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Author Topic: Rate The Last Movie You Saw  (Read 1768406 times)
Jessica Rabbit
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« Reply #17175 on: June 16, 2017, 10:26:34 AM »

The Ipcress File (1965) and Funeral in Berlin (1966). Michael Caine as Harry Palmer, a spy with a dry sarcastic sense of humor. Love it. The second one is actually better than the first.

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« Reply #17176 on: June 17, 2017, 03:35:50 AM »

Le Moine aka The Monk (2011): Vincent Cassel is a monk admired for his stern but passionate sermons. When a new novice is accepted into his monastery, Cassel's unwavering faith is put to the test. Boring and pretentious. 5/10

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« Reply #17177 on: June 17, 2017, 05:05:05 PM »

The Ipcress File (1965) and Funeral in Berlin (1966). Michael Caine as Harry Palmer, a spy with a dry sarcastic sense of humor. Love it. The second one is actually better than the first.
Tru dat. But don't try the third one.

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« Reply #17178 on: June 17, 2017, 05:27:01 PM »

Tru dat. But don't try the third one.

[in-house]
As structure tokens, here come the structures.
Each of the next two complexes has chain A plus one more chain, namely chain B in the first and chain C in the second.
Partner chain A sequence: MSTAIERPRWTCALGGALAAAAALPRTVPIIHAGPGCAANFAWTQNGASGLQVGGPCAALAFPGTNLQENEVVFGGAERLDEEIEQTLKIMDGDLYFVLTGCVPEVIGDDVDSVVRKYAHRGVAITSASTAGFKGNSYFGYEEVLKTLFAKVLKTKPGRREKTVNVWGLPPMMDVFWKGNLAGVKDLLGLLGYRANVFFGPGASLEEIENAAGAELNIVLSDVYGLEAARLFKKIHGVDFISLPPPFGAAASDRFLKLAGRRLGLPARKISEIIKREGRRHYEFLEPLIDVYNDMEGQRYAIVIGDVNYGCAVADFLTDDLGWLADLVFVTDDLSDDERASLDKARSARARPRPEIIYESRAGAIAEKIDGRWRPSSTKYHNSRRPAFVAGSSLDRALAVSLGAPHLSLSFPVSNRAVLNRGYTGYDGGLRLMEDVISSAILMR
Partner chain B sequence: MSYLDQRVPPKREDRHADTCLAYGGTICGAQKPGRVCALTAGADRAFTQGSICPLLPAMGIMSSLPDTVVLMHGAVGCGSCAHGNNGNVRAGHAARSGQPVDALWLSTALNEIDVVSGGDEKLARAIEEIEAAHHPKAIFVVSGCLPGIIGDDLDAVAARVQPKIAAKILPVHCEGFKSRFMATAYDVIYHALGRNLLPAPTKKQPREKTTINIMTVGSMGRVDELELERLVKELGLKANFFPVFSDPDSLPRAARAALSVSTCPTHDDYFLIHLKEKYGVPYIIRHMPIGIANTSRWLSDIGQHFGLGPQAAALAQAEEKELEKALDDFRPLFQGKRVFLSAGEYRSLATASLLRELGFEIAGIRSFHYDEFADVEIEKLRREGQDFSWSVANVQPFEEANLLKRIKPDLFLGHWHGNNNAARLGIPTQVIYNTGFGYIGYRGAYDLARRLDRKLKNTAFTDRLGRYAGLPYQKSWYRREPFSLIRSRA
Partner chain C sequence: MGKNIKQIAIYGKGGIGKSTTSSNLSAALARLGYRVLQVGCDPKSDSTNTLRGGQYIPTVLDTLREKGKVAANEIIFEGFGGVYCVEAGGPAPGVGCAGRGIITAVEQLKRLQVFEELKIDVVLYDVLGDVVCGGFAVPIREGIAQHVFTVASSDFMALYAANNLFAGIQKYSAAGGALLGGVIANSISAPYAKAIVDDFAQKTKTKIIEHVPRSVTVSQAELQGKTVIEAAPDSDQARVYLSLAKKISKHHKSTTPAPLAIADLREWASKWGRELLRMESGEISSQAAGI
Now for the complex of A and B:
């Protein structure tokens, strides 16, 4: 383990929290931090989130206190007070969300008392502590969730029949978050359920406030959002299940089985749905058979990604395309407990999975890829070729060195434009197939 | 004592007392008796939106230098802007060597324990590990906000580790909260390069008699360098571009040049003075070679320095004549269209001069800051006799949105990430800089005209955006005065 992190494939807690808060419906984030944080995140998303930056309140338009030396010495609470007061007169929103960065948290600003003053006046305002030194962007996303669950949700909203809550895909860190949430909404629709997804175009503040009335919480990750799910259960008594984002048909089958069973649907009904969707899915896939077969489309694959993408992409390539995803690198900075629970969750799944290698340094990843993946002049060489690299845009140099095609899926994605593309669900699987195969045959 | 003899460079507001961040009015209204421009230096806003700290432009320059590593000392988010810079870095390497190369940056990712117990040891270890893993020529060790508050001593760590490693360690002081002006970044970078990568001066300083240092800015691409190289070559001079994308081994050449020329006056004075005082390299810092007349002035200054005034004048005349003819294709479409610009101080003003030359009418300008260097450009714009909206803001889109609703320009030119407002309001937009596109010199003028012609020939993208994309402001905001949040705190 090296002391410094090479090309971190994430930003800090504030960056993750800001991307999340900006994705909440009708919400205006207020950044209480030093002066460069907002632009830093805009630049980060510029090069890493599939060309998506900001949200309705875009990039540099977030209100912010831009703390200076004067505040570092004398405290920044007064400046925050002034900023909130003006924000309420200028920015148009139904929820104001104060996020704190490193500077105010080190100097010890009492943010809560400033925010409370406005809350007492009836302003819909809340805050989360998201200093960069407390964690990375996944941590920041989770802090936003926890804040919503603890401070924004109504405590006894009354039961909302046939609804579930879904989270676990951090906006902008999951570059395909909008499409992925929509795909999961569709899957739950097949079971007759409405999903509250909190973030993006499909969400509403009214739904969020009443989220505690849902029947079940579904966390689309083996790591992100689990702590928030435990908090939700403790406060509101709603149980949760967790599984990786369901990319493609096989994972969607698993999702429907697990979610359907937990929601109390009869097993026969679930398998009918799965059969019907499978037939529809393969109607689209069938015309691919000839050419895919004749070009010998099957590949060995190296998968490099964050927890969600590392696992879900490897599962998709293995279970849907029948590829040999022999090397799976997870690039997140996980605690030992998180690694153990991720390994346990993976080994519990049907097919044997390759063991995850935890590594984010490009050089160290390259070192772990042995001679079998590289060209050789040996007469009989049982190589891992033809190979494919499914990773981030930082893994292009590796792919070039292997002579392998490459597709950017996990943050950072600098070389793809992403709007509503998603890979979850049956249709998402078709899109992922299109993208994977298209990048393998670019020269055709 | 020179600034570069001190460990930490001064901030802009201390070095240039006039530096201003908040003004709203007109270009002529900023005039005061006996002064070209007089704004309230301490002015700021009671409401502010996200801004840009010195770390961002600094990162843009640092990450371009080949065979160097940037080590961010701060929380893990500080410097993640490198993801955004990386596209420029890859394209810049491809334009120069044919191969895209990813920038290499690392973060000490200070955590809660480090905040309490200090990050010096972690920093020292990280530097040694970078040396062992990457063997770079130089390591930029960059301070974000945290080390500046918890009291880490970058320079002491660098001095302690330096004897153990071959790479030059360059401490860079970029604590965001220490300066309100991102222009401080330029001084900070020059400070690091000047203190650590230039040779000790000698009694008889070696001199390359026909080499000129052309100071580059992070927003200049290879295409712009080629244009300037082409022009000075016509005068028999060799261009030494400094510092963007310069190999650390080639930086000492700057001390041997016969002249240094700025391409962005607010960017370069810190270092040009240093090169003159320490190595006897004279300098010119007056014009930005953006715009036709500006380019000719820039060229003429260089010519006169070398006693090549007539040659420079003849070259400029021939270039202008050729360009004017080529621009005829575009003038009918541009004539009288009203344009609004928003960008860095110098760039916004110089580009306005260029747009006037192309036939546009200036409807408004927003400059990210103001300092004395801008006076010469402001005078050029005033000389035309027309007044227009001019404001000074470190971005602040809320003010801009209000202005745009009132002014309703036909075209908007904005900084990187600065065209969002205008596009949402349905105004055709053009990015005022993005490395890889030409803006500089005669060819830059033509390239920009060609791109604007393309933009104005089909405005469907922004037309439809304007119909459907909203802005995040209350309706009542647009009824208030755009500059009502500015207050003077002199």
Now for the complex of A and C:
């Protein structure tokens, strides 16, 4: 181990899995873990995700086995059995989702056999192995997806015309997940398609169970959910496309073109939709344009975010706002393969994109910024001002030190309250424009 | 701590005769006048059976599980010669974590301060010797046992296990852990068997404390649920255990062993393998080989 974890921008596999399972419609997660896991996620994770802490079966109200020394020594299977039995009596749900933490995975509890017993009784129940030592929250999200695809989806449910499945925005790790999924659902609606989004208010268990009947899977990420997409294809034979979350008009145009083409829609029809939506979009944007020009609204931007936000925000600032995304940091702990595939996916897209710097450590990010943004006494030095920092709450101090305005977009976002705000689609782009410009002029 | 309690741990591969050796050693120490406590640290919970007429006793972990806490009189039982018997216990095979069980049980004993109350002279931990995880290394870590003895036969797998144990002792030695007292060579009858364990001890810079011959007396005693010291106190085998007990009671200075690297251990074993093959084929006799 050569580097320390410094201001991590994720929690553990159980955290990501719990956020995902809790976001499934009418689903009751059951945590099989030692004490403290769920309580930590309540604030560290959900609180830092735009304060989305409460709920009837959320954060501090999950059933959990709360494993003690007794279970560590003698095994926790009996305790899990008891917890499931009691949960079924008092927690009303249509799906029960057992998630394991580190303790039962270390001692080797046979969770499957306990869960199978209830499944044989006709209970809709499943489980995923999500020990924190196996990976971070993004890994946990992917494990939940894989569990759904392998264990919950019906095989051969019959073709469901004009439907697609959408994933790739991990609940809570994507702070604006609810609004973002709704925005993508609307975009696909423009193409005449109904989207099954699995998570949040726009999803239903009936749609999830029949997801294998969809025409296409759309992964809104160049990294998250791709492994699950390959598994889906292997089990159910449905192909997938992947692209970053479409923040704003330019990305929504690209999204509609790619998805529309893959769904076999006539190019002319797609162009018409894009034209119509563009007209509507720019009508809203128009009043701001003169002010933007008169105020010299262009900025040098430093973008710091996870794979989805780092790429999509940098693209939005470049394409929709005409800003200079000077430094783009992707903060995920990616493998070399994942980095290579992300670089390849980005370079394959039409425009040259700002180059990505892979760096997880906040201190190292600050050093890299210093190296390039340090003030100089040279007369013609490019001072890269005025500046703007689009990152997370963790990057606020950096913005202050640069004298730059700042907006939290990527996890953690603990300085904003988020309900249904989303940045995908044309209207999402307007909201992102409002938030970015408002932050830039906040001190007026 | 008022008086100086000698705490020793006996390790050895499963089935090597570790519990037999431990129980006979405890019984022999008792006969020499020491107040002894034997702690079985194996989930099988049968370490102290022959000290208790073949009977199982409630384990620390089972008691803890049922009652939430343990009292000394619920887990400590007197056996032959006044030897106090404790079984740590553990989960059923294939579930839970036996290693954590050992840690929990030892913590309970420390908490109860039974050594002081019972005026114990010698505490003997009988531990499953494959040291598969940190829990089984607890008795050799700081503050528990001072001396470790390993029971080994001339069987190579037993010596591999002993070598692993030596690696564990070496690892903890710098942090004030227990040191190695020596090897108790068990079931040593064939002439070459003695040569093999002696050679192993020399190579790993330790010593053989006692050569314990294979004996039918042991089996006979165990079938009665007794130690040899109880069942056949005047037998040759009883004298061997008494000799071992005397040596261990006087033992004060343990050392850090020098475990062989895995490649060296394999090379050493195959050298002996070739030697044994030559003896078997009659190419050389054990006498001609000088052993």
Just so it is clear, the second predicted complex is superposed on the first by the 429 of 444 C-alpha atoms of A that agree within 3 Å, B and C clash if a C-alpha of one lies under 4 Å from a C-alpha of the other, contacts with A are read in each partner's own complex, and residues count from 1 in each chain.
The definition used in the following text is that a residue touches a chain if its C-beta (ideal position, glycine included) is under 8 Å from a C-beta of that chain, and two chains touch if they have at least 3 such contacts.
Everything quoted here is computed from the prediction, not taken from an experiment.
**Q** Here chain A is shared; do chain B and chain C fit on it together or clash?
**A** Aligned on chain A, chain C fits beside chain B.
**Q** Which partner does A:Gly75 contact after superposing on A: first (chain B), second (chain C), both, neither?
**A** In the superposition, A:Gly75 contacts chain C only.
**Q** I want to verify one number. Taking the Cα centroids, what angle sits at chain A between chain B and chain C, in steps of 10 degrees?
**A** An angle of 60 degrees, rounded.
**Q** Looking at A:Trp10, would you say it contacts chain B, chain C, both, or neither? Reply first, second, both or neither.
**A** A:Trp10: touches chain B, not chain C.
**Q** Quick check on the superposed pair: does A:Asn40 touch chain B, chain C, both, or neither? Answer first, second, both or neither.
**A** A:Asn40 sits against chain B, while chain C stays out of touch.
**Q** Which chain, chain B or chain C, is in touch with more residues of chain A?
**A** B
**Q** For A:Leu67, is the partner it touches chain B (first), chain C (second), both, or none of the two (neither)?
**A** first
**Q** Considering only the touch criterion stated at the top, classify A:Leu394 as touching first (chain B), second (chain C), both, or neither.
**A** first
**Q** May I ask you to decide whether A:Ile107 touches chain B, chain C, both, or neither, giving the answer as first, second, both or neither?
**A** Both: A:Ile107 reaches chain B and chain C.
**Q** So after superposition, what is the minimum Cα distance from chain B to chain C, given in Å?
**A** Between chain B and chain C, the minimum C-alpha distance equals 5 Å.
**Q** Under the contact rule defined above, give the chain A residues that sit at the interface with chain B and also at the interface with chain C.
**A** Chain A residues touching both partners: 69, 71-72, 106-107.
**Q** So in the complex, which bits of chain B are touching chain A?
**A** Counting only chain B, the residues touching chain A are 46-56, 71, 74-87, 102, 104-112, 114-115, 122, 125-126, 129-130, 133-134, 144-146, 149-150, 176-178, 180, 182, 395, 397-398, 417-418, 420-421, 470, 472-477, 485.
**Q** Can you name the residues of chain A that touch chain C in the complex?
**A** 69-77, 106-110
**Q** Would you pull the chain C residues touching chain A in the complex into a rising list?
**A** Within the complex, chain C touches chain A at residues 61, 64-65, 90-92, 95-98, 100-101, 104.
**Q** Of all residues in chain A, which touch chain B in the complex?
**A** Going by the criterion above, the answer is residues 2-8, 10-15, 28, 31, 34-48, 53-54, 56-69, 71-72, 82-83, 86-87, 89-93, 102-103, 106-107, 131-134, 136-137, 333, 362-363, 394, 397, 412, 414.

Let alone the fourth and the fifth.

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« Reply #17179 on: June 18, 2017, 03:42:44 AM »

Blackwell's Island (1939) 7.5/10

I do not like John Garfield very much.

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« Reply #17180 on: June 18, 2017, 03:47:31 AM »

I just watched The Misfits (1961). TCM recently showed a few Clark Gable movies; I dvr'd some and am working my way through them  Smiley

For me, this movie very hot and cold.

The beginning, through the scene where Clift does the rodeo, is very good. (A bit of a screwup with the scene in the bar when Monroe is hitting the paddle-ball: She's gone through at least 60 or 70 hits, and the people counting keep counting at like 20 or 30  Grin ) Then, there are some nighttime scenes that are pretty bad: They go to the bar that night after Clift does the rodeo, then they go back to Wallach's house, then camp out in the mountains the night before the mustang hunt. Those scenes are crappy. Then, the mustang hunt: thrilling to watch, but it turns into a debate over animal rights, which is not interesting subject matter for a movie.

(For the record, my opinion of the matter is that God made animals to benefit humans; animals can be killed for meat, leather, etc., but they have to be killed in the most painless way possible. Leaving horses tied up by the legs overnight in the desert until the dealer truck comes the next dayis just wrong. There has to be a more humane way; maybe they should just shoot the horses dead immediately and let the dealers pick up the carcasses in the morning.) But bottom line is that I don't find animal-rights debates interesting as the subject matter of a movie.